There was a liquor ban beginning at midnight until 9 pm the following day in anticipation of the congressional elections on Sunday.

The congressional elections were held on Sunday. The streets were empty and many shops were closed. I heard that voting is compulsory, but I’ll need to check on that for the entry about the elections. The group met up with Karna’s friend, Chris, who is living and working in Buenos Aires for part of this summer. He showed us el Congreso, which is their capital building.

He then took us to the famous San Telmo market. The craft market stretches blocks along a street in the oldest district in the city. Antique and art shops line the street. We ate at a cheap Parilla for lunch, where I once again had steak. I needed to make up for the several meals of Italian food I had on Thursday and Friday.

Entrance to one side of the market

In the afternoon, we went back to Palermo and the Zoo. Instead of visiting the zoo, we took a horse drawn carriage around the parks in that area of the city. The open parks and small lakes surrounded by tall, elegant apartment buildings was my favorite part of the city.

For dinner, we wanted to try a restaurant that Chris had recommended. However, the restaurant was closed, so we went to a delicious restaurant next door. This time, I opted for sirloin and caramelized sweet potatoes.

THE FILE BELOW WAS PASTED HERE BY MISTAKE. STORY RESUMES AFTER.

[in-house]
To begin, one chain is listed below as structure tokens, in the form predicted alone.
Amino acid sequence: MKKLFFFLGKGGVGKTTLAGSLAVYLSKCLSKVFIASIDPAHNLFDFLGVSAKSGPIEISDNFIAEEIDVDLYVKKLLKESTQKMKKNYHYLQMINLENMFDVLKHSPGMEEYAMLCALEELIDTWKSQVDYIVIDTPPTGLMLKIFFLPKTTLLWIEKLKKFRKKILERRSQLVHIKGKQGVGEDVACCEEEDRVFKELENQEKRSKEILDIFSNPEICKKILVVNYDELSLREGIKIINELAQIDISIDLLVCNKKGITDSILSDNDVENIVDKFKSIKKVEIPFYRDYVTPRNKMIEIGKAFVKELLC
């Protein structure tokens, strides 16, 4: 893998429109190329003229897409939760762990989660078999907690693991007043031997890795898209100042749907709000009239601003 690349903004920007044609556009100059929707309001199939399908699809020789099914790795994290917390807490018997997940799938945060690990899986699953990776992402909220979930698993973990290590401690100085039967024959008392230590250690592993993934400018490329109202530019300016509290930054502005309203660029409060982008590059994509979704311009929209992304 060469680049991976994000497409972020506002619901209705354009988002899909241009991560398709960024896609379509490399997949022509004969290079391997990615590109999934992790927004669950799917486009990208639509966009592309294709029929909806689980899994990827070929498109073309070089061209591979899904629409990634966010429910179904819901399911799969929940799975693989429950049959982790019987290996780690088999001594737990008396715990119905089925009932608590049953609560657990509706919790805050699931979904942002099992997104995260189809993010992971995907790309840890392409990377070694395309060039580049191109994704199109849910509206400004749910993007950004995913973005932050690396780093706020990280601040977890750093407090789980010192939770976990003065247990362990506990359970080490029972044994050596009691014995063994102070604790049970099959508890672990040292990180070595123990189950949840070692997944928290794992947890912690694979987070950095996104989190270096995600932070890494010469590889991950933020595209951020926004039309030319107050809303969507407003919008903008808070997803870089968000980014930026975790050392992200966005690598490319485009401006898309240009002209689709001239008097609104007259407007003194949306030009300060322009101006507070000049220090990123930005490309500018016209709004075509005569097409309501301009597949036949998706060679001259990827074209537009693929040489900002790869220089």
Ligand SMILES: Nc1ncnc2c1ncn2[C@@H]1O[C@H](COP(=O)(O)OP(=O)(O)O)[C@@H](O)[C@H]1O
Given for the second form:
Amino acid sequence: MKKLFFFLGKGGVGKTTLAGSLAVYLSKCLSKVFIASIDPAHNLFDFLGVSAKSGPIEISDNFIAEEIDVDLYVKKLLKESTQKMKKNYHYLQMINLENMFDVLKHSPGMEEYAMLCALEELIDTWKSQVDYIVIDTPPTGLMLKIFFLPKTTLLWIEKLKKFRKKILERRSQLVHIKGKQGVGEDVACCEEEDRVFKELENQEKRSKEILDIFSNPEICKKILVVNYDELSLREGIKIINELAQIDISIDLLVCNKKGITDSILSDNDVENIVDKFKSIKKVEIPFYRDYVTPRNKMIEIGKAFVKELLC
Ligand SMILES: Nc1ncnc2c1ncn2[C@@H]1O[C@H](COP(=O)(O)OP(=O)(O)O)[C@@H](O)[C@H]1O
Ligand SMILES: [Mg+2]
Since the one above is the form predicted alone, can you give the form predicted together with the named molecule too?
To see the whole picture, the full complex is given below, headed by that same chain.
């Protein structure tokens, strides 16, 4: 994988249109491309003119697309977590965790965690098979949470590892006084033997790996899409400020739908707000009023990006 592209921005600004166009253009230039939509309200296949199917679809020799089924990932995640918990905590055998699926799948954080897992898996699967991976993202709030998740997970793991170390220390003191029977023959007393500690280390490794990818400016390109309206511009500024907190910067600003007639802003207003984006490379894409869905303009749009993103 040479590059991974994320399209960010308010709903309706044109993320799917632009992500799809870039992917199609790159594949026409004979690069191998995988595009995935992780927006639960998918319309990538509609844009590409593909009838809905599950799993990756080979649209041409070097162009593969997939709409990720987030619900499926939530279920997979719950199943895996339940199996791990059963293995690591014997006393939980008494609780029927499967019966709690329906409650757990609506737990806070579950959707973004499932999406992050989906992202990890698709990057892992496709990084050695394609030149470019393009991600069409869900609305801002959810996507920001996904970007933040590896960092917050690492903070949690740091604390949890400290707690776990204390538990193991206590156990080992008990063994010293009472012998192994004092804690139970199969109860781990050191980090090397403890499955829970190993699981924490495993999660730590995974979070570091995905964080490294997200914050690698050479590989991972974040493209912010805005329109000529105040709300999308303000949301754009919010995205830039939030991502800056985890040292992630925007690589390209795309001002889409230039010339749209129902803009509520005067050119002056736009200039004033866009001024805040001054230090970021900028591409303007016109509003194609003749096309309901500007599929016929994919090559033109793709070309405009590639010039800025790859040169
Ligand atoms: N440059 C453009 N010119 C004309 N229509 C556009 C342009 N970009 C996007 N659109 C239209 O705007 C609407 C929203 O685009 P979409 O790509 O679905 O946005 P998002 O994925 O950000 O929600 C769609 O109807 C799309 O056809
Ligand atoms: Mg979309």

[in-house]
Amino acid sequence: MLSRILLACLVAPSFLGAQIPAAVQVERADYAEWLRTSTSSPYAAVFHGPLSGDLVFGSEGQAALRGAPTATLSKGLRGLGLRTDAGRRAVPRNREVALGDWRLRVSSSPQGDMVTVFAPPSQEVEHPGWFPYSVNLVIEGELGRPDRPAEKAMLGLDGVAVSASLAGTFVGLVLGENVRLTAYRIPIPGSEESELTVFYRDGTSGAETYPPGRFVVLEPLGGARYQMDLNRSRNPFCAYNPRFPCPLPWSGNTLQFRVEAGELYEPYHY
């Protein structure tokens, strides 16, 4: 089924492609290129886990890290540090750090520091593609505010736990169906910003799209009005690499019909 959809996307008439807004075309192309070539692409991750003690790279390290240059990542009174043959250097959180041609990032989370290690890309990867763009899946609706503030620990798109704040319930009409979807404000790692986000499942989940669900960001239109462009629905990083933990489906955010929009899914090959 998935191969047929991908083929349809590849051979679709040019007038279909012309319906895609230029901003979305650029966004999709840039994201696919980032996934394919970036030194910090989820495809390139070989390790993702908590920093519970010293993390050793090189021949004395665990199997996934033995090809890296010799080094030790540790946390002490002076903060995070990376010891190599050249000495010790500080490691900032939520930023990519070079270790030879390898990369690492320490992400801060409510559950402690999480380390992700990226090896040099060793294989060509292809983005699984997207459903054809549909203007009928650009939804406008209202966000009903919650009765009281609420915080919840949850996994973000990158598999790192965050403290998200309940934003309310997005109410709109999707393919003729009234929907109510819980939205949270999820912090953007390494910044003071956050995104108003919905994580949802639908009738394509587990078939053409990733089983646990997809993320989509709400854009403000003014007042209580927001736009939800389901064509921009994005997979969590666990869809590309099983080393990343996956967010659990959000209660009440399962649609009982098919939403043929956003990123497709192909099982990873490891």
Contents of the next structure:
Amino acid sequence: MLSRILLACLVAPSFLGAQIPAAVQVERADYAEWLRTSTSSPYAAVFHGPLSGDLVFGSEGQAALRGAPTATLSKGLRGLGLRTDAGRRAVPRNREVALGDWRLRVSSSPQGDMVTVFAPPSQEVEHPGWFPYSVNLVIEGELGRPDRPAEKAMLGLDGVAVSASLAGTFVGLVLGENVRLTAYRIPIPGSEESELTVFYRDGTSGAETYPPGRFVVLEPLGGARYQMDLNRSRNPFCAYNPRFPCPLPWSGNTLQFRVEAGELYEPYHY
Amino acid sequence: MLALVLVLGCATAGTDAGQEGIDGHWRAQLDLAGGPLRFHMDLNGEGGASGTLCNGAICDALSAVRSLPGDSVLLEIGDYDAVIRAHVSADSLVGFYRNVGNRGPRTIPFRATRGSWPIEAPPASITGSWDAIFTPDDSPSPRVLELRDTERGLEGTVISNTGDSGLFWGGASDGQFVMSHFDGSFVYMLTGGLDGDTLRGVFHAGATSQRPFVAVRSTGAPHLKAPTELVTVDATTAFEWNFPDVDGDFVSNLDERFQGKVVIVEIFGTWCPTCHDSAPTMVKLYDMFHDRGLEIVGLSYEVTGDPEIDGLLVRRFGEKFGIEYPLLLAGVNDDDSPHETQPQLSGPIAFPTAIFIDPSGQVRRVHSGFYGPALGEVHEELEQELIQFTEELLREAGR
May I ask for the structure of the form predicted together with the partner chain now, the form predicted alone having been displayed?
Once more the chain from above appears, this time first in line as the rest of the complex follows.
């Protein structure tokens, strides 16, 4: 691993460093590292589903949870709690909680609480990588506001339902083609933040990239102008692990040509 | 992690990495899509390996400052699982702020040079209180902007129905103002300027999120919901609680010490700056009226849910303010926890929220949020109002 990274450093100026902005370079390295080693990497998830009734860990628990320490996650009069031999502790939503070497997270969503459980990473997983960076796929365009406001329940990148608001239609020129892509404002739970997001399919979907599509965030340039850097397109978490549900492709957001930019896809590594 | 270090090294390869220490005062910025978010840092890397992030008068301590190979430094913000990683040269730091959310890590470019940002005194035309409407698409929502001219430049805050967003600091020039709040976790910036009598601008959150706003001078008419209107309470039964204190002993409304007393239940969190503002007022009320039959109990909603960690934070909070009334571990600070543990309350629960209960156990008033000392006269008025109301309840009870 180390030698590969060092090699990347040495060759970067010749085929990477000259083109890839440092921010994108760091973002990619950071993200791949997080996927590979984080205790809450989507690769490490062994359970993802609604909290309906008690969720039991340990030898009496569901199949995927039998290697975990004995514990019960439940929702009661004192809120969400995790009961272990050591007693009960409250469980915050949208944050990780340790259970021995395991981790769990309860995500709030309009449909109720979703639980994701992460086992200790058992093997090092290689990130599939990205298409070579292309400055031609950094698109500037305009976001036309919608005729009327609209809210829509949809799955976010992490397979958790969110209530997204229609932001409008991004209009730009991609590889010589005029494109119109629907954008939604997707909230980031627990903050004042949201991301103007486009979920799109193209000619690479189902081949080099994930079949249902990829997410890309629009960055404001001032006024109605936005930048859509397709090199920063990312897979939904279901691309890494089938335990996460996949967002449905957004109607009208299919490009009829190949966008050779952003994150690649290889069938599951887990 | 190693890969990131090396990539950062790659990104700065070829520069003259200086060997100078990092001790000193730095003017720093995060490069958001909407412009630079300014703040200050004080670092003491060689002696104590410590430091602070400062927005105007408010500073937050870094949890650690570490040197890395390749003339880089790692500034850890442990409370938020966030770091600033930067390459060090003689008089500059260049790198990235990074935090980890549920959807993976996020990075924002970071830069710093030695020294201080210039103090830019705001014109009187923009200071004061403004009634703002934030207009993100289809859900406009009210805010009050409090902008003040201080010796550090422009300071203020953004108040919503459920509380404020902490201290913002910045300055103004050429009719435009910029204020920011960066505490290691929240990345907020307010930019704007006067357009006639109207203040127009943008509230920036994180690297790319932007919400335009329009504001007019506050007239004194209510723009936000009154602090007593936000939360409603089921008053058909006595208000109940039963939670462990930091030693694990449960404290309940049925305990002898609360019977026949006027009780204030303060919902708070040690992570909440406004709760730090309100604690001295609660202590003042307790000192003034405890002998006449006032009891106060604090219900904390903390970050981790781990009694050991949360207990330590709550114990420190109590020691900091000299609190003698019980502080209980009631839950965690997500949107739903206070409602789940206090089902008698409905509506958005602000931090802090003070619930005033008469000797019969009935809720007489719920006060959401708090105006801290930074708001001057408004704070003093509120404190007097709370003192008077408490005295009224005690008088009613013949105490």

We woke up at 8 to make the trek back to Santiago. Flying over the Andes is one of the most beautiful flights I’ve ever taken. I had a great view of Aconcagua, which is the tallest mountain in the Western and Southern Hemispheres at nearly 23,000 feet.

The tallest peak is Aconcagua in both photos

In the coming days, I hope to post several entries on specific aspects of Buenos Aires, including the heating situation and the election results. If you have any other areas you’d like me to cover, let me know!


  1. Hey Grant,

    I liked your description of Buenos Aires! I'm glad you enjoyed your time here (especially your time on Sunday after we split up).

    You are absolutely right that voting is mandatory in Argentina (INCLUDING for patients in mental wards and criminals in prison). Checkout my blog entry for more information about the election and feel free to link to it if you want to: http://argentina-chris.blogspot.com/2009/07/elections-una-farsa.html

  2. Grant: el dictador- payaso Hugo Chávez le "regaló" a Argentina una parte de la franja del Orinoco para que ellos pudiesen explotar la franja con petróleo y derivados - gas, etc- Comprenderás entonces que para ellos es fácil obtener su combustible y de hecho imagino pudiste comparar el precio en Chile como en Argentina. Botado de barato. Entonces imagino que esa es una de las razones por las cuales nuestros vecinos tienen combustible para calefaccionarse como Dios manda. Hace dos años nosotros tuvimos severa crisis energética porque lamentablemente estábamos conectados a los gasoductos argentinos, pero ellos comenzaron a dejarnos sin gas para surtirse ellos primero. no los juzgo, de verdad es comprensible. Chile está buscando nuevas formas de energía y buscando una solución al problema energético.